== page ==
Ceremony Celebrates 50th Anniversary of Coretta Scott King Book Awards

Authors Kwame Alexander and Jacqueline Woodson were among those who helped celebrate the golden anniversary of the awards.

In a moving night of gratitude for those who came before and celebration of current authors and illustrators, some of the biggest names in children’s literature gathered at the Library of Congress on Friday night to celebrate the 50th anniversary of the Coretta Scott King (CSK) Book Awards

Author and illustrator Kadir Nelson created this portrait of Coretta Scott King for the cover of a commemorative edition of The Horn Book.

The CSK Book Awards are given to “outstanding African American authors and illustrators of books for children and young adults that demonstrate an appreciation of African American culture and universal human values.” 

In a room filled with past winners, there were speeches from Librarian of Congress Dr. Carla Hayden and others, and there was celebration through song, dance, and spoken word.

Kwame Alexander recited an original work he created for the event. In it, Alexander compared the annual CSK awards breakfast to going to church. And if the CSK breakfast ceremony is “First Baptist ALA,” he said, then the award-winning books are the hymns, and the authors are “the choir making a joyful noise.”

Alexander continued the overriding theme of the night, paying tribute to predecessors.

“This moment here, this moment tonight is our precious memory of those no longer here who paved the stony road so that Christopher and Jackie and Vanessa and Chris and Renée and Claire and Kadir, and the rest of us even had a voice to lift,” he said. “Tonight is about the precious memories….This moment, this moment is for those who showed us through their writing and painting and working and living that though we may face defeat, we must never be defeated. ”

Kwame Alexander (left) recites an original piece written for the ceremony.

When he was finished, and the crowd quieted its applause, he introduced Jacqueline Woodson.

“To be in this room, in this moment in time, with all of you is to be in the presence of so much that our ancestors laid the groundwork for,” said Woodson, the National Ambassador for Young People’s Literature. “How amazing is this that 50 years later, we are holding this space at the Library of Congress, overseen by the brilliant and lovely Dr. Carla Hayden? Fifty-one years ago, this was unimaginable, but we imagined it anyway. Because that’s what we have always done. We have always and continue to imagine ourselves beyond the current narrative. Yes, we have always and continue to walk and work toward a ‘one day.’ Tonight is one of our many ‘one days.’”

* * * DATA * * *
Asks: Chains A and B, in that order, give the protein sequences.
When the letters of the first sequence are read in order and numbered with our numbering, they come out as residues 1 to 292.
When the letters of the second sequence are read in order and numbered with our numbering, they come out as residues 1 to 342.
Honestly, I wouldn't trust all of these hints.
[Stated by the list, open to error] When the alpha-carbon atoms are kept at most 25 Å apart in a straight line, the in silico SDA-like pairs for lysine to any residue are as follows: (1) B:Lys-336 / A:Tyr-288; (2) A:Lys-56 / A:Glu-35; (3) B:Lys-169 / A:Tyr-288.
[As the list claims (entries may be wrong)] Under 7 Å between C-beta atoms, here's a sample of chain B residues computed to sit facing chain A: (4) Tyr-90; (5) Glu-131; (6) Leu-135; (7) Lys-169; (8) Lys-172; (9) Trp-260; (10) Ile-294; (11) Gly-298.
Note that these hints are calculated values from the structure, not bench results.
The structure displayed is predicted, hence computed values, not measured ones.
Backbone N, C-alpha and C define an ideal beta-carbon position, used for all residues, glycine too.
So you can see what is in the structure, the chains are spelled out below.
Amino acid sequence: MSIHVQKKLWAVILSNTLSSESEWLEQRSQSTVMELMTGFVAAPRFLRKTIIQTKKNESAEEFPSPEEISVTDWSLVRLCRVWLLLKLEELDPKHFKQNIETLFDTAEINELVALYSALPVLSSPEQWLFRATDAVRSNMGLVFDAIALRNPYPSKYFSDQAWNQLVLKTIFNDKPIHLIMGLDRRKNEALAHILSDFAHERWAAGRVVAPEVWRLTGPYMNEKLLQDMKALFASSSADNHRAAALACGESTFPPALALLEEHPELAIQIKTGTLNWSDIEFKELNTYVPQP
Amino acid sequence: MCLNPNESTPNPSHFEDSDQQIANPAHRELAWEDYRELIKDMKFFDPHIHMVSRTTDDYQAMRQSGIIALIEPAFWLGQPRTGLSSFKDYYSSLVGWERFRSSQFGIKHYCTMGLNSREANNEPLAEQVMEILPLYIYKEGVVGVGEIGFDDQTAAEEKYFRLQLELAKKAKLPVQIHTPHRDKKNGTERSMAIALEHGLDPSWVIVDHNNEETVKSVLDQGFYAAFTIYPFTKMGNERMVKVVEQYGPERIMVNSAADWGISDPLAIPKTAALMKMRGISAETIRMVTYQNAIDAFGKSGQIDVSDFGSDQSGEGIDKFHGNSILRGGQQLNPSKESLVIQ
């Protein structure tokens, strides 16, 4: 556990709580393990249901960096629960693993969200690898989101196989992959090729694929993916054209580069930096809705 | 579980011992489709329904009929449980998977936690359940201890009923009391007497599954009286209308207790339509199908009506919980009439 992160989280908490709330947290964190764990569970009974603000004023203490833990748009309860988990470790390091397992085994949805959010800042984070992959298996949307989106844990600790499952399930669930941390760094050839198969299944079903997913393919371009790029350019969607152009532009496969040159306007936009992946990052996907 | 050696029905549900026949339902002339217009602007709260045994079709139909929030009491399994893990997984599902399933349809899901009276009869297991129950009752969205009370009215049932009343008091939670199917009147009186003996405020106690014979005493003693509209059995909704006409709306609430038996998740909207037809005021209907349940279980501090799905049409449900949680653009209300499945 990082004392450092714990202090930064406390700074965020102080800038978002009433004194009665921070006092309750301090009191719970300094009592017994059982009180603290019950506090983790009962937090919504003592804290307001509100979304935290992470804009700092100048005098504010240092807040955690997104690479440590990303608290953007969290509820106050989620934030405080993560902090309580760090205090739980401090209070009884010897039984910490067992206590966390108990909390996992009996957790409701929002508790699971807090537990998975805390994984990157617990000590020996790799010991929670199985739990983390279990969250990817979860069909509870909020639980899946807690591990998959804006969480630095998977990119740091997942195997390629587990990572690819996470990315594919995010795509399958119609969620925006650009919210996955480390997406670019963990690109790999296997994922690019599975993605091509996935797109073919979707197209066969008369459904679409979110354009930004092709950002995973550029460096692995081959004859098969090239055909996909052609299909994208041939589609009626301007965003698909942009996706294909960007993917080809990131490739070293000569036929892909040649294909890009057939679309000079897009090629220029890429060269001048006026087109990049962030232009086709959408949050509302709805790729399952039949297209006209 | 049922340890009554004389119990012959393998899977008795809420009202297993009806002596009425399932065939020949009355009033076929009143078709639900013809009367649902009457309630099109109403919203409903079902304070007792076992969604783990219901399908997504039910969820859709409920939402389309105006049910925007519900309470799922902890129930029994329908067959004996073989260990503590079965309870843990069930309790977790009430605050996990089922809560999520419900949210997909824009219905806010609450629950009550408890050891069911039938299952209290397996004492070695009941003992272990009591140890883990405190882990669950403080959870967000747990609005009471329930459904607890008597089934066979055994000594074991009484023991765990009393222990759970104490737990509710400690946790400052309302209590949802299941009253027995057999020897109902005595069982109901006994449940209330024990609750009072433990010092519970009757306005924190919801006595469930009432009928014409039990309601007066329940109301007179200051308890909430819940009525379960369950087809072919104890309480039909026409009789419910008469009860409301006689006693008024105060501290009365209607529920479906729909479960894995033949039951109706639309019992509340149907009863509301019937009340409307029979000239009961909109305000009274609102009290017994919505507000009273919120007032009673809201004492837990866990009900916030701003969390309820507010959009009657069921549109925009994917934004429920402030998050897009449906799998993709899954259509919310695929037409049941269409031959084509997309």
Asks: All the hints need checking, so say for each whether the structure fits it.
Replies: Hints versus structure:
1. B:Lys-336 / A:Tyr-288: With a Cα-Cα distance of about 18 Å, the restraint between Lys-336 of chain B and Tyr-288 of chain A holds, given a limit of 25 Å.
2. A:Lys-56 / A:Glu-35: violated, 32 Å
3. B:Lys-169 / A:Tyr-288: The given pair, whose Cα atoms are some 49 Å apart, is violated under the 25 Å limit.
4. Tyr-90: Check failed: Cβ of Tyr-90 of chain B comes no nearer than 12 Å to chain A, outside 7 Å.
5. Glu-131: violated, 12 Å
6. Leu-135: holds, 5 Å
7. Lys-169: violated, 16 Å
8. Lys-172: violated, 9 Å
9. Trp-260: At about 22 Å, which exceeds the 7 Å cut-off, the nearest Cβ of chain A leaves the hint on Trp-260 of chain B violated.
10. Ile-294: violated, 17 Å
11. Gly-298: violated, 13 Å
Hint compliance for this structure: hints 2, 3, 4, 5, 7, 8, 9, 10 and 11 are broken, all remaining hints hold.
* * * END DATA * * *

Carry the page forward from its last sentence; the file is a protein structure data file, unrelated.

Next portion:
Jewell Booker sang.
Dancers performed.



While recently watching a documentary about Toni Morrison, Woodson said she began to think about legacy—“that which we can only imagine and at the hardest moments in our lives seems unimaginable, shifting into believing, shifting into doing, shifting into the thing we couldn’t imagine the world being without. Like the many books the CSK awards have helped launch into the world. Like We Need Diverse Books. Like Blackish and the Obamas and Kendrick’s Lamar’s DNA, Aaron McGruder and Randy Barnes’ The Boondocks and Billy Porter and the Nae Nae and the Dougie and the immortal Electric Slide. And like every single black and brown person who has ever penned, illustrated, or done the audio of a book for young people...We are royalty. We are magic. We are brilliant. We are beautiful.

“In the words of Dr Bernice Johnson Reagon, the power of the universe knows our names, gave us a song to sing and sent us on our way. We raise our voice for justice because we believe.”

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Kara Yorio

Kara Yorio (kyorio@mediasourceinc.com, @karayorio) is news editor at School Library Journal.

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